I'm happy to announce a new blog series that I'm starting called Genealogy On the Road.

So why am I starting this series? I currently work full time as an IT analyst for a human resources company (it's a bit hard to explain sometimes what I do). I regularly travel to client sites as well as to offices in California during the year so I thought it would be interesting to help document some travel tips for how you can do genealogy on the road. Even when it's a work trip, I try to sneak in a little genealogy time before I go to make the best of the area. Sometimes it works out and other times I'm lucky I see something beyond a business park, a hotel, and a restaurant.

I have previously shared some posts on some of my travels to California and western New York below:

September 2017 - Local Libraries: An Undiscovered Treasure
October 2017 -  California State Archives Trip

I'm heading back to Corning, NY today and hope to squeeze in a small adventure before I leave.

I'm also interested in hearing your tips on how you fit in genealogy on a trip. Please email me at shamrockgenealogist[a]gmail.com if you're interested in contributing a guest post or post on social media with #genealogyontheroad.

Happy travels!
California State Archives Front Desk and View into the Main Reading Room

Wednesday, June 6, 2018

Going International

I had the honor this past weekend presenting at the Ontario Genealogical Society Conference held at the University of Guelph, Ontario. This was my first official genealogy conference I lectured at and an international one as well! I gave two lectures, Prince Edward Island Records and Repositories, and How to Incorporate NextGen Tech Into Your Research. I also talked to other genealogists about NextGen Genealogy Network. We hope to grow our Canadian presence as part of our partnership with Ontario Genealogical Society. It was a great conference and there were rides involved - golf carts were transporting us all over campus.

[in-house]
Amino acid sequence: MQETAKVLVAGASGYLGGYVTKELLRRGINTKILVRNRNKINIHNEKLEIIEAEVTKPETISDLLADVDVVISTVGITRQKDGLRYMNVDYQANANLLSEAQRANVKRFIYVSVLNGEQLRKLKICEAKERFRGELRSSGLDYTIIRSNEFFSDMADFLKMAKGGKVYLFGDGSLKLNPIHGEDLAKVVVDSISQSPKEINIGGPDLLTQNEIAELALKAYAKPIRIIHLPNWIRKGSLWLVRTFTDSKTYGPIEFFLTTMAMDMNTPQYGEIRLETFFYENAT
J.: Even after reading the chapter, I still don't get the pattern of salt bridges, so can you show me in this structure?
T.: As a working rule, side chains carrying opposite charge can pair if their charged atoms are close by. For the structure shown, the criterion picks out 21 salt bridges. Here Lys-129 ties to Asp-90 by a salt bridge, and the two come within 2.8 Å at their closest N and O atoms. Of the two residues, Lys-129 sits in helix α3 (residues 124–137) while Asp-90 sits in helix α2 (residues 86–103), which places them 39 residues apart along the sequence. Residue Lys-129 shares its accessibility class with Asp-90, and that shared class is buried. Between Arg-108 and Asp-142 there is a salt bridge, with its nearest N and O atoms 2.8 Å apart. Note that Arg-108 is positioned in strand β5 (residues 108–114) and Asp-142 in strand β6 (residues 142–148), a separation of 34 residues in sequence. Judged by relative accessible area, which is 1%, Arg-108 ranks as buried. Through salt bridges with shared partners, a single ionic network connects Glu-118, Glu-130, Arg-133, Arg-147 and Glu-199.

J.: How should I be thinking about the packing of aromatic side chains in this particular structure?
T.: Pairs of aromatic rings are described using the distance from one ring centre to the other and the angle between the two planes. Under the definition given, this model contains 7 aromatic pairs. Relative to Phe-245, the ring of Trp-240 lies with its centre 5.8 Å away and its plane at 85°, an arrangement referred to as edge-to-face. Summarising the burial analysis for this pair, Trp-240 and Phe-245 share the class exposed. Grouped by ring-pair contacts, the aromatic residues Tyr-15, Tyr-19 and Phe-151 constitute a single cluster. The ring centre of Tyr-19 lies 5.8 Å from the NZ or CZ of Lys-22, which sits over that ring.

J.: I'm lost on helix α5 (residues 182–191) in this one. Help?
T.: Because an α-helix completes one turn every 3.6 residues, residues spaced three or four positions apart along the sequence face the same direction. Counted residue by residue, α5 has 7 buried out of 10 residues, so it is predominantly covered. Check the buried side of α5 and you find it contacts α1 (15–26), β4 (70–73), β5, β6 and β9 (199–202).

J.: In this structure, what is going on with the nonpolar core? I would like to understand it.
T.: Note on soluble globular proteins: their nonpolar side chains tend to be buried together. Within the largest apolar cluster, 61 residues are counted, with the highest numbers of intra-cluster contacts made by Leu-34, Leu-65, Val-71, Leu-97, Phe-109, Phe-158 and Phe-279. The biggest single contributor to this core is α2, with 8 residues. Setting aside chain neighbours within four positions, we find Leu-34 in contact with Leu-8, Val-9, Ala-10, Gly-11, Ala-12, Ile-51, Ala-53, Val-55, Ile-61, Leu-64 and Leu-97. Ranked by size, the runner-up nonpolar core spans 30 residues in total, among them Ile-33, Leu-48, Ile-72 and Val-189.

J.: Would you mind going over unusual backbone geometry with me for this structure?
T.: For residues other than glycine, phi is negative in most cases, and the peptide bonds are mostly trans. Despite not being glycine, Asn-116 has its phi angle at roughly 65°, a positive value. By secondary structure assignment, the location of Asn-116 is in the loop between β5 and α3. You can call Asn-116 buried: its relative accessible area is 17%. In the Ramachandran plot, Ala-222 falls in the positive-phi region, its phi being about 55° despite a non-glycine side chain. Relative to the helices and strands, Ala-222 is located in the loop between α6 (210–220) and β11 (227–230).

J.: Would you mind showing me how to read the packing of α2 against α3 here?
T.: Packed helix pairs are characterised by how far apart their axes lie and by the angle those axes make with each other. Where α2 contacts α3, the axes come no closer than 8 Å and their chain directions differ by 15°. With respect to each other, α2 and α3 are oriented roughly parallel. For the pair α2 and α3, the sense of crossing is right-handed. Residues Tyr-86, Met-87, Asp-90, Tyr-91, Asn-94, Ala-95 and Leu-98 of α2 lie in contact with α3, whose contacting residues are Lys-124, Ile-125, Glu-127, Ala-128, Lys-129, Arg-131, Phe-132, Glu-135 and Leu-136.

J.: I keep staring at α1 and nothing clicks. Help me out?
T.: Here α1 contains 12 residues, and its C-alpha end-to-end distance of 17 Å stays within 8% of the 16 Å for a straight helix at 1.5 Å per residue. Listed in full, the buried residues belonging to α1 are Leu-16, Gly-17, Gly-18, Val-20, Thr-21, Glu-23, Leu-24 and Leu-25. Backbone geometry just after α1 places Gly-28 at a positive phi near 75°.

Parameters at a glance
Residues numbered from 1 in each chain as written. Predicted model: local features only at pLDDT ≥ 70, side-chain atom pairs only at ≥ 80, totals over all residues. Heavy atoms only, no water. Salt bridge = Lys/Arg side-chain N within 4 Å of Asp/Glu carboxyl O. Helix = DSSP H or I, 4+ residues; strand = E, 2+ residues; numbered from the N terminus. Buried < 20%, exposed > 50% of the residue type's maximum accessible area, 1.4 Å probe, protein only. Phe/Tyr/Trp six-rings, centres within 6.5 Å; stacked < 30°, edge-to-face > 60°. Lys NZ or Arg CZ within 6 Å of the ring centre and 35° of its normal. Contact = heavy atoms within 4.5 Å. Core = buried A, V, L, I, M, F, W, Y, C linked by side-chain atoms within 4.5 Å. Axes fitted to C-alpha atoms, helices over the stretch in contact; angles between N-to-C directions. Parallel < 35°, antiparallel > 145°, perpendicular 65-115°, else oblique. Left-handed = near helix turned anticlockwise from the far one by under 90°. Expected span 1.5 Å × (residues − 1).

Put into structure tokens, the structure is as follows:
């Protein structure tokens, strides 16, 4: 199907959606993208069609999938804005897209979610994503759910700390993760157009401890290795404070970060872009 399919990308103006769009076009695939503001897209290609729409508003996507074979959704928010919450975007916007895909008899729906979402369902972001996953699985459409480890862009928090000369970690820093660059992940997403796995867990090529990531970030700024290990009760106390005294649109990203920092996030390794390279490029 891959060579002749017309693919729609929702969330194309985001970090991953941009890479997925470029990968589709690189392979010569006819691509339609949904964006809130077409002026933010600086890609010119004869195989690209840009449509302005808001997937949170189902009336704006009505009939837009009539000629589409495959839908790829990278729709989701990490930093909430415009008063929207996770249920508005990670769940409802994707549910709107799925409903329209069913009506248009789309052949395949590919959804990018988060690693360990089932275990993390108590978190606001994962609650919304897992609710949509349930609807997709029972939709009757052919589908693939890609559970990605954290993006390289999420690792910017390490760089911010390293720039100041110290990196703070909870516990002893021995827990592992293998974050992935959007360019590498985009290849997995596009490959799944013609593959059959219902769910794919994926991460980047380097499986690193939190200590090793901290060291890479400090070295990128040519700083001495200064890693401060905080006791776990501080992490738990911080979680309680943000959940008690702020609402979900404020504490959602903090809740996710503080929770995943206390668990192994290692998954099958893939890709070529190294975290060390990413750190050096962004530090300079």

Overall, I received great feedback and had a number of people attend my talks. It felt wonderful to have a lecture hall filled!  Some of the highlights from the conference:

1. Connecting with my dear genealogy friends that I met on Twitter and Facebook in person
2. Helping bring two genealogists together that may share a common ancestor
3. Seeing other young genealogists interested in NextGen and telling them about our non-profit
4. Giving away a DNA kit to someone who hasn't tested before


I have more ideas that I'll be submitting for OGS 2019 as well as RootsTech and other various conferences. If you're interested in having me speak at your event, please reach out to me.

I've included some pictures from the event.
Me at my 1st lecture on PEI Records and Repositories

Me at my second lecture "How to Incorporate NextGen Tech Into Your Research"


University of Guelph Gryphon Statue 

Me in front of the Air Canada logo at Toronto Airport


Sunday, April 29, 2018

Oh Canada...Join Us At OGS!

Pixabay Image



The Shamrock Genealogist has been conducting her lectures this past year, with the most recent one done at the Salina Library in Syracuse, NY this past Monday. I covered how to use NextGen tools to get the younger generation interested in research (such as social media, blogging, mobile applications). I will be giving a variation of this lecture (which will focus more on how to use NextGen tools to further your research) as well as a new lecture on Prince Edward Island repositories and records at the upcoming Ontario Genealogical Society conference, 6/1 - 6/3 at the University of Guelph. I'm very excited to be presenting at an international conference.